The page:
Thursday, September 22, 2011

On Racism and the Issue of Identity

So, I wanna talk about something that’s really been bugging me lately.

When I was in Jordan, we were playing a game in class one day that involved drawing what one student was saying (he/she was looking at a picture, describing it, and the rest of us were drawing it). Then this one student’s turn came whose picture had some Japanese kids being educated in a classroom. The student mentioned that there are Japanese kids in the image next to a pile of books in a classroom or something. Now, my drawing included a couple of Japanese characters – Japanese specifically in terms of their facial looks (particularly their eyes). As soon as that student saw it, he said, “Oh my God! That is so racist!” And I said, “What? How’s this racist? You said the kids were Japanese, and this is how Japanese people often look like, no?”

Later, I mentioned it to another student from the class, telling her what I’d drawn, and she was like, “OH MY GOD! That is SO racist!! I can’t believe you did that!”

And, so, here I am … wanting to ask what exactly racism is. I don’t consider myself racist, but if recognizing the physical differences between different groups of people (e.g., Japanese eyes from Pakistani eyes) makes me racist, then I’m racist, and I’m happy being one and have no problem with it. However, in the discussion that followed with the latter friend, I pointed out that her considering what I’d drawn as “Japanese eyes” racist, then she is suggesting that there are “normal” eyes, and there are “Japanese” eyes, which makes the “normal” better and the Japanese just not normal. This, I argued and still argue, is racist whereas what I’d done was not—or should not be considered as such.

You see, I’m a Pakistani. I don’t look the same way that someone from China or Kenya or Paraguay does. And there’s absolutely nothing wrong with that as long as I don’t pretend that one of these groups is just naturally better or worse than the rest. Since I don’t do that, never have, and never will, what’s racist about acknowledging that the human race is diverse?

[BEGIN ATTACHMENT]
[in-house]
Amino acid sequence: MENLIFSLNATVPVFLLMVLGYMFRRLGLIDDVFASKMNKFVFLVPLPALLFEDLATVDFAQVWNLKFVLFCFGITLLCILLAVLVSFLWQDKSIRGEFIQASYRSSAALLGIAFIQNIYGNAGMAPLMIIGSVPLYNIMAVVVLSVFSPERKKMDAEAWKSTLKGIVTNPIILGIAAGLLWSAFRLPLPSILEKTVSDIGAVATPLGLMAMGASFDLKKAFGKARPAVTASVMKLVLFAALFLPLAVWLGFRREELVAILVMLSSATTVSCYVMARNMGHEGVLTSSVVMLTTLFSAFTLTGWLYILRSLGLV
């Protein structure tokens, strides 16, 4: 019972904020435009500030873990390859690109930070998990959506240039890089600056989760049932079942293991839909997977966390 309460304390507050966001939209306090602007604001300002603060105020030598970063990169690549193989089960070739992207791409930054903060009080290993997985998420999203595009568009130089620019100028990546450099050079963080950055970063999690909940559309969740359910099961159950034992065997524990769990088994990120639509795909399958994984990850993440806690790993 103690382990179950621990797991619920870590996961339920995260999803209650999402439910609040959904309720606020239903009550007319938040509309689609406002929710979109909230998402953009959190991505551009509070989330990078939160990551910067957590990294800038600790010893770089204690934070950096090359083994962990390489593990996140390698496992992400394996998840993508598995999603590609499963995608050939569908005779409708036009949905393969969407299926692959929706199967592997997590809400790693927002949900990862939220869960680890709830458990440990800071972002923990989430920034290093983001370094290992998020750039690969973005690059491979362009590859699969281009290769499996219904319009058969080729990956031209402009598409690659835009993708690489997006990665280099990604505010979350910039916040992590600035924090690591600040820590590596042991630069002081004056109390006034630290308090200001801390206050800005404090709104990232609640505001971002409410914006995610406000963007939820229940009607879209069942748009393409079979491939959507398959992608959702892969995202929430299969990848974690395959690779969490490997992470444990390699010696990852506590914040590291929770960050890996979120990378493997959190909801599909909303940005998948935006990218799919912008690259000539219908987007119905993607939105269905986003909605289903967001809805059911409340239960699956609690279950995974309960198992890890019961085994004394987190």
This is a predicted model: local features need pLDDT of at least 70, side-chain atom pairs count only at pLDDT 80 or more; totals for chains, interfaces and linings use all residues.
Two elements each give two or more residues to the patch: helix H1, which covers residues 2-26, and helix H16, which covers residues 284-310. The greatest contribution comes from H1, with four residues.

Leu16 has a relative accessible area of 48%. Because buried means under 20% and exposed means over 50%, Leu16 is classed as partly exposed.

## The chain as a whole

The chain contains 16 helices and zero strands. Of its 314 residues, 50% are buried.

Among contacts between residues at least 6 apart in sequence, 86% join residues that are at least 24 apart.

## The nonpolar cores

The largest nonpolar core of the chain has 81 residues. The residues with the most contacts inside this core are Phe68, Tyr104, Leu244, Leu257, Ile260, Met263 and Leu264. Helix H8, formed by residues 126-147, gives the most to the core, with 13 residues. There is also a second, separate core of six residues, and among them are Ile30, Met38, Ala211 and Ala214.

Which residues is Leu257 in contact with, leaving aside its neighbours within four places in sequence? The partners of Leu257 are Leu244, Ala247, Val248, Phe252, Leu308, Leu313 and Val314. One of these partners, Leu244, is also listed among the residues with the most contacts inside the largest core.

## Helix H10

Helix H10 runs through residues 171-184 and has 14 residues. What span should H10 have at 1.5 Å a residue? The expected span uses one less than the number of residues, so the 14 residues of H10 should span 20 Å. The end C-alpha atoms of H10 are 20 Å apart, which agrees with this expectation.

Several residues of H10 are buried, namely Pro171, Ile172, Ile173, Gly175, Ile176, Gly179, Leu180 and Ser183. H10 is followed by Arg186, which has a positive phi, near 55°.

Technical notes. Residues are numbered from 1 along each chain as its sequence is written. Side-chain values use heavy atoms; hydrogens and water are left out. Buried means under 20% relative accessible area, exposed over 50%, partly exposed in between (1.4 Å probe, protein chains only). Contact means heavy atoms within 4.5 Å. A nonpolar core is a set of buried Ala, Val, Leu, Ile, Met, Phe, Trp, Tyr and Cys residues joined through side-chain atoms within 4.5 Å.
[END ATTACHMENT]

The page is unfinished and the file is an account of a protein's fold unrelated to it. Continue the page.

Inevitably, our discussion also led to the idea of identity and what constitutes an “American” or a “Pakistani” or a “Japanese.” Have you noticed, beloved folks, that someone born to white American parents *in Pakistan* is almost completely unlikely to consider her/himself a Pakistani, whereas someone born to Pakistani (Pashtun/Punjabi/etc.) parents  in America will often proudly display her/his American identity and not hesitate to consider her/himself an American? Why is this? I think it has to do with the well-being of the nation. But forget that – what about Japan, which is far better off than Pakistan and is quite advanced technologically (almost ahead of America, even)? Would someone born to white/black American parents in Japan consider her/himself a Japanese? I don’t think so.

Now, there’s something wrong with the way I’m phrasing what I’m saying. The way I say “American” suggests that I think only whites and blacks are Americans, which I actually don’t believe. But that again goes back to the question of identity and races. I think we often fail to realize that there are different types of identities, among them national and ethnic. Hence, someone born to Pakistani parents in America may be American in terms of her/his national identity, but her/his race/ethnicity remains what the race/ethnicity of her/his parents is. But what we do instead is say: “Well, I’m from America, but my parents are from Pakistan.” Or “Well, I’m French, but my grandparents are from Thailand.” (This “I’m French but grandparents Thailand” may refer to someone who has the features of a Thai person but was born in France, and this person absolutely refuses to have any association whatsoever with Thailand.)

But what I’m saying above is more an American concept  of identity and races/ethnicities. When I was in Jordan, I couldn’t ask someone where they were from if they were black, for example. I did that once, and the guy looked at me like I was crazy and said, “Do I look Jordanian?” And I said, “I’m sorry. I didn’t mean to offend you. It’s just … in America, people find it offensive when someone tries to guess where they might be from, and it’s considered racism. So I didn’t know if you’d like it if I said that you didn’t look Jordanian.” He said, “Oh, no, we don’t do that here. I’m Sudanese and very proud of it. But I was born in Jordan and have lived most of my life here.” You see what I mean, folks? This guy wasn’t “from” Jordan even though he was born there; this guy wasn’t “Jordanian” even though he was born there. But that’s not how we roll in America. And he had a good point: Jordanians look different from Sudanese, and this guy didn’t look Jordanian, but I just didn’t feel comfortable saying that to him at first. I told him then that even if I were born in America, I’d still say I was Pakistani and that my kids, too, will be Pakistani even if born in America because I don’t believe that your birth place determines your identity. Unless they’re raised much of their lives abroad and they “feel” even less Pakistani and Pashtun than I do when I’m in Pakistan (more on this below).